In January 2014, he premiered Michael Daugherty's timpani concerto Raise the Roof in China with Guangzhou Symphony Orchestra. Currently he is known as one of the best timpanists both in China and Taiwan, has worked under renowned conductors such as Antoni Wit, Eiji Oue, Claus Peter Flor, Peter Ruzicka, John Nelson, Case Scaglione, etcc and frequently being invited to play with Macau Orchestra, NCPA Orchestra in Beijing Hangzhou Philharmonic.
In 2006, he was invited by Shanghai International Percussion Festival to perform a timpani concerto with Lien Percussion Group from Taiwan. Besides orchestral music, he is a versatile percussionist whose wide performance repertoire ranges from playing drum-set with several jazz and pop groups to playing contemporary music with Guangzhou Percussion Ensemble, which is the only professional percussion group in southern China. He was invited to play in jazz festivals and recorded for several commercial and film music, such as Taiwan pop singer Evonne Hsufs 2008 album and 2012 Taiwan movie Silent Codeh soundtrack.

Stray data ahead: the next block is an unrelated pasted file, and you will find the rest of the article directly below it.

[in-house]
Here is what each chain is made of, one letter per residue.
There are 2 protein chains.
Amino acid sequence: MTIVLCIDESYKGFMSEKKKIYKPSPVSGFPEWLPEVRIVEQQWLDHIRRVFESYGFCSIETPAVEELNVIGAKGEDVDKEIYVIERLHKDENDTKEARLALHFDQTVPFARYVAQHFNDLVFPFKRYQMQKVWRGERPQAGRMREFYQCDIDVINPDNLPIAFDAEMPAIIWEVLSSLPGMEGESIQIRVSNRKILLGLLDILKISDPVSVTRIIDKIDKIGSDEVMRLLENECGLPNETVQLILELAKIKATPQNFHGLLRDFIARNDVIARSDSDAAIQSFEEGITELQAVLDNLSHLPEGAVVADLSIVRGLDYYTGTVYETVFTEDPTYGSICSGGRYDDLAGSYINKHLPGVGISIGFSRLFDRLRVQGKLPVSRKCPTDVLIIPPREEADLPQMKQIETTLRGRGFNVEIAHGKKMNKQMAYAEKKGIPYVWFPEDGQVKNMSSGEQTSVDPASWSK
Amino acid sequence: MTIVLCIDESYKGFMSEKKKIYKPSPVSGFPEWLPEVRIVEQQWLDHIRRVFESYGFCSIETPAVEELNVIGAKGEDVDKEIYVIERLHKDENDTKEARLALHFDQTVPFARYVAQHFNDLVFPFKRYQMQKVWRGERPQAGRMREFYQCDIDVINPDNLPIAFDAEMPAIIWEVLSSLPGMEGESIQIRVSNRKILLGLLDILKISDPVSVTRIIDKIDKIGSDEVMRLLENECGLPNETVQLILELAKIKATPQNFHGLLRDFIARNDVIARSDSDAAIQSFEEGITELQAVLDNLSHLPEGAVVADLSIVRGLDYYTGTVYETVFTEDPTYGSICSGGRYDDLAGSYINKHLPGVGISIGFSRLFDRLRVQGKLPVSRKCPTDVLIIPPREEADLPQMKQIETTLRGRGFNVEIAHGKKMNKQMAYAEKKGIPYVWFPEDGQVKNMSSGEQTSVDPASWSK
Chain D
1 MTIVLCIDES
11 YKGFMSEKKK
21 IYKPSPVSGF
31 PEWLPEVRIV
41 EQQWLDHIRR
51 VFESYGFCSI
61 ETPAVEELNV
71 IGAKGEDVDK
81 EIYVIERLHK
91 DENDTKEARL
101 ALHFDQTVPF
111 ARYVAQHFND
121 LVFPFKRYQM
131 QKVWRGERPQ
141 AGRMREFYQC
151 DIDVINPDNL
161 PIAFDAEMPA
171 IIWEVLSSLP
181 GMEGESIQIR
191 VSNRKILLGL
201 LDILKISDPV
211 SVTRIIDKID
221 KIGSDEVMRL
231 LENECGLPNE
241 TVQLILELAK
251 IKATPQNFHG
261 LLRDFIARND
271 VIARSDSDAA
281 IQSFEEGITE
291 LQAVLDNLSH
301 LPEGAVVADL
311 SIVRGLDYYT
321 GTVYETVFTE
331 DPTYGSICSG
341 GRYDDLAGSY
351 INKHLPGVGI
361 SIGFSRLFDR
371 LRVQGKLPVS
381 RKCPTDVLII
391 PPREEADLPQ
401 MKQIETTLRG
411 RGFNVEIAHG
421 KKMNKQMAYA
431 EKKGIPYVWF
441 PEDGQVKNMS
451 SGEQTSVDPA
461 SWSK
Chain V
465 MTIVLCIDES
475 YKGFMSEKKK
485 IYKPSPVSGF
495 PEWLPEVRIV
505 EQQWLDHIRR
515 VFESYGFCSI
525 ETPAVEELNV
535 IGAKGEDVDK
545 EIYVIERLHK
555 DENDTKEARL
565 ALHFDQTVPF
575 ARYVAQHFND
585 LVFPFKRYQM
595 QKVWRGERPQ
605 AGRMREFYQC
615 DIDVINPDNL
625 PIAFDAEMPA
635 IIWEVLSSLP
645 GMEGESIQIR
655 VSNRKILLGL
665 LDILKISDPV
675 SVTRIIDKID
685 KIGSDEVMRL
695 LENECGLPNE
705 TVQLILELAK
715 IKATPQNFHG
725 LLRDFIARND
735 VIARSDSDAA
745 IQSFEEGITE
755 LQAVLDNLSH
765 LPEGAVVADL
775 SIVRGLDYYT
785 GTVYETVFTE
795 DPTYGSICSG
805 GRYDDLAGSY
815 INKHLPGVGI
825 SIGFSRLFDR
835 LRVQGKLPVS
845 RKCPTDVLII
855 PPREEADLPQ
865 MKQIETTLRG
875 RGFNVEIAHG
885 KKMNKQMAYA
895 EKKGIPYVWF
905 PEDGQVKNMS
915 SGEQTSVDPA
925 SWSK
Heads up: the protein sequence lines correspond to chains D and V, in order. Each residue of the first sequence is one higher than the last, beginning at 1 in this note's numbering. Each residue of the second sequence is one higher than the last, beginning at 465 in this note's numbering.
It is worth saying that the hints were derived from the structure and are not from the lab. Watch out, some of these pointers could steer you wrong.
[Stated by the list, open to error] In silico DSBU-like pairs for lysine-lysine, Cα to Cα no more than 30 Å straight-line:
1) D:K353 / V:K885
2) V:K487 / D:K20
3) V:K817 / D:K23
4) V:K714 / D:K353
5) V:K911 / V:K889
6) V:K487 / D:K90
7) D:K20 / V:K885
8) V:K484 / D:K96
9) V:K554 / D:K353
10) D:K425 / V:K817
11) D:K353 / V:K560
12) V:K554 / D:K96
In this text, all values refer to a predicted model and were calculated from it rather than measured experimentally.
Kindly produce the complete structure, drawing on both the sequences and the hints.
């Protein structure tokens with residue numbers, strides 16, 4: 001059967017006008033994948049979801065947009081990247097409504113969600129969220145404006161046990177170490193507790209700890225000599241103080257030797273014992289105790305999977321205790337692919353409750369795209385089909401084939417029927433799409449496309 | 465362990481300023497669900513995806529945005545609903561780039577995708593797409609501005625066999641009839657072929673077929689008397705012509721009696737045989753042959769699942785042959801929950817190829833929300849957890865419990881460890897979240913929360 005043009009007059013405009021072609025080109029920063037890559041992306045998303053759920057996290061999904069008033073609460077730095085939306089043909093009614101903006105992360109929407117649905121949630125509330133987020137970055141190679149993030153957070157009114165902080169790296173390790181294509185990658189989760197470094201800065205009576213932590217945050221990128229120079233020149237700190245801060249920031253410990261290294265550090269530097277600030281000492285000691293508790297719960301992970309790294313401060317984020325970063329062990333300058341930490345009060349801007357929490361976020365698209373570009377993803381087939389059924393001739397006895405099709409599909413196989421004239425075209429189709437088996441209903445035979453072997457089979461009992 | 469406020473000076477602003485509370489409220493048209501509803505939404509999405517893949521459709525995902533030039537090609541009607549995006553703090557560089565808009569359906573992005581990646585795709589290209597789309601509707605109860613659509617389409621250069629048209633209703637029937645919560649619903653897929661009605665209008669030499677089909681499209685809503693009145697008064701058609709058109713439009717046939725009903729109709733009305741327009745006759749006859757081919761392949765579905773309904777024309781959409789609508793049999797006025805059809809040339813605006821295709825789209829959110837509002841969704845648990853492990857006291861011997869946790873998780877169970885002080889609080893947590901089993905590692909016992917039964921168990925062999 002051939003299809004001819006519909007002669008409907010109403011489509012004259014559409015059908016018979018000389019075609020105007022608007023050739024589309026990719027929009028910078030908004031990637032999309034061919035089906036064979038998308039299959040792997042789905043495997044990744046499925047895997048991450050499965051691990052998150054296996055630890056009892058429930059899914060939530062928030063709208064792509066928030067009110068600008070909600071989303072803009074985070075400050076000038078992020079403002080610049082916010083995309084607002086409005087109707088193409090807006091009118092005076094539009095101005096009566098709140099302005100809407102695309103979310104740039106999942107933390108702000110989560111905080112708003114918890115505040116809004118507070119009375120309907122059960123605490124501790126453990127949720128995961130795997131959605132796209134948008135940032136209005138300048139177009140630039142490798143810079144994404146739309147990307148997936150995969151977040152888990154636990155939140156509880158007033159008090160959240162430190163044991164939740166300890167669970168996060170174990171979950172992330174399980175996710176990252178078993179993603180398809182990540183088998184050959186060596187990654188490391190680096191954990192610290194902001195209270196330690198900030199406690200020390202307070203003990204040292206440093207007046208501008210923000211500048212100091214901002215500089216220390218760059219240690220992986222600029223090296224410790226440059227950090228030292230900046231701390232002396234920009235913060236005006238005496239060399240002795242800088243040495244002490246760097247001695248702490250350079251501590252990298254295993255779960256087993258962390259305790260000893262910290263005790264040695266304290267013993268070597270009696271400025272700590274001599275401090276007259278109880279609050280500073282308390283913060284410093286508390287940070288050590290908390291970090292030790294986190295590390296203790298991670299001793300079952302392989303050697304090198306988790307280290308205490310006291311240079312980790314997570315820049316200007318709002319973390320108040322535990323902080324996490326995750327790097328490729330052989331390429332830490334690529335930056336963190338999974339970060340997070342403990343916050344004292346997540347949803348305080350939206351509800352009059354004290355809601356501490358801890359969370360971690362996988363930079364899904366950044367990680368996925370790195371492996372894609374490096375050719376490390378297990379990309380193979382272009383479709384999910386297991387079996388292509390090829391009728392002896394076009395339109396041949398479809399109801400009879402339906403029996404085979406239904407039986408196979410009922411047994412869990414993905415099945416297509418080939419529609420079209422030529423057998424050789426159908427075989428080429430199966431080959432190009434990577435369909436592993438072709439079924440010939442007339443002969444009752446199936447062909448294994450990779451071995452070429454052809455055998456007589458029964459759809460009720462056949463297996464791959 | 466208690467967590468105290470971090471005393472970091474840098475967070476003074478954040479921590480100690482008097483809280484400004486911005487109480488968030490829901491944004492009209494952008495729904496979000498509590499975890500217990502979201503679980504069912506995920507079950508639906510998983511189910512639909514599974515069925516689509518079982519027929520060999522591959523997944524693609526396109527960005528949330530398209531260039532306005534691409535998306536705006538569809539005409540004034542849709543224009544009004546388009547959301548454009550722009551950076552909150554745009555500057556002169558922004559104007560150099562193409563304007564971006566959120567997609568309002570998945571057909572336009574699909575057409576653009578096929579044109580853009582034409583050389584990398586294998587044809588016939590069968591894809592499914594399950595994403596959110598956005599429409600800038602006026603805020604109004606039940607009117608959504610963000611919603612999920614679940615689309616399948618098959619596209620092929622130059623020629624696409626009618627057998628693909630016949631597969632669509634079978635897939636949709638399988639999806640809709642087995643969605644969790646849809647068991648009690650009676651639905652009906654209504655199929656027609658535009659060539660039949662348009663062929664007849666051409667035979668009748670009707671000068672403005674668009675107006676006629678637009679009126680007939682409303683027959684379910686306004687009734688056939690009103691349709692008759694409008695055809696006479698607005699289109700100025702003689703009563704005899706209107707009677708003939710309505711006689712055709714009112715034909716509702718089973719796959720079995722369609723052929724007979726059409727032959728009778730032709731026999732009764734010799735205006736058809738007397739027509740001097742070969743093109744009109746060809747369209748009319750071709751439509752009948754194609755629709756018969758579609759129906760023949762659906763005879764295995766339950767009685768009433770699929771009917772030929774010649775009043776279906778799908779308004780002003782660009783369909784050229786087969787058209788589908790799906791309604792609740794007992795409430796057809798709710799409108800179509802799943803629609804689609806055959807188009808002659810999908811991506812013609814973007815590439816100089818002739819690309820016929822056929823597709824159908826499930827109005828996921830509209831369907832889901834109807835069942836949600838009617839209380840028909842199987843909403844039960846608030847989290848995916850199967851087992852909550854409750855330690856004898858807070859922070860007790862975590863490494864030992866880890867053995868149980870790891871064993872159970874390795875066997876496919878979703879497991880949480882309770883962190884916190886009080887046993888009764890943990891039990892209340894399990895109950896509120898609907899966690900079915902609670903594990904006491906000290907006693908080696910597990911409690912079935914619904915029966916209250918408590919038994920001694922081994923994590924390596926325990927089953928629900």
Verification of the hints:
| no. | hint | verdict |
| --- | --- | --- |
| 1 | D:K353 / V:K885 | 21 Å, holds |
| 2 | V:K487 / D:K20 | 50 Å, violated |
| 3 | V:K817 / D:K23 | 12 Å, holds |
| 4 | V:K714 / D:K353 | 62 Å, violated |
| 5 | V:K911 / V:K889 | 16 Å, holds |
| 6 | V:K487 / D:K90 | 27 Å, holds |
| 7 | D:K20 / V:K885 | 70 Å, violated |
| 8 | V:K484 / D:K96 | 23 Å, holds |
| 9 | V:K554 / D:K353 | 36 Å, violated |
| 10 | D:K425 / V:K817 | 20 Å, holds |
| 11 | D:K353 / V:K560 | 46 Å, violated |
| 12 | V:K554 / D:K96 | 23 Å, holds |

Chang received his first master degree in Economics at New York University, and second master degree in Percussion at Carnegie Mellon University. His major teachers include Joseph Pereira of LA Philharmonic, Tim Adams of Pittsburgh Symphony, Alan Abel of Philadelphia Orchestra. In 2005, he was accepted into the Music Academy of the West (Santa Barbara, CA), studied with Ted Atkatz and Michael Werner.
Since coming back to Asia in 2005, he has given several master classes both in Taiwan and China, and host clinics for timpanists/percussionists of Berlin Philharmonic, New York Philharmonic, Royal Concertgebouw Orchestra, NDR Symphonic Orchestra, as well as drum-set masters, such as Dennis Chambers, John Riley, etc.
As a dedicated educator, Chang started the first Chinese blog for percussion education in Taiwan, it was recommended by the China Times as one of the best blog of the year. Recently he started writing a series of percussion educational articles on Sina Weibo and Music Weekly in China to promote drumming/percussion arts, the average page views are more than 50,000 hits per article.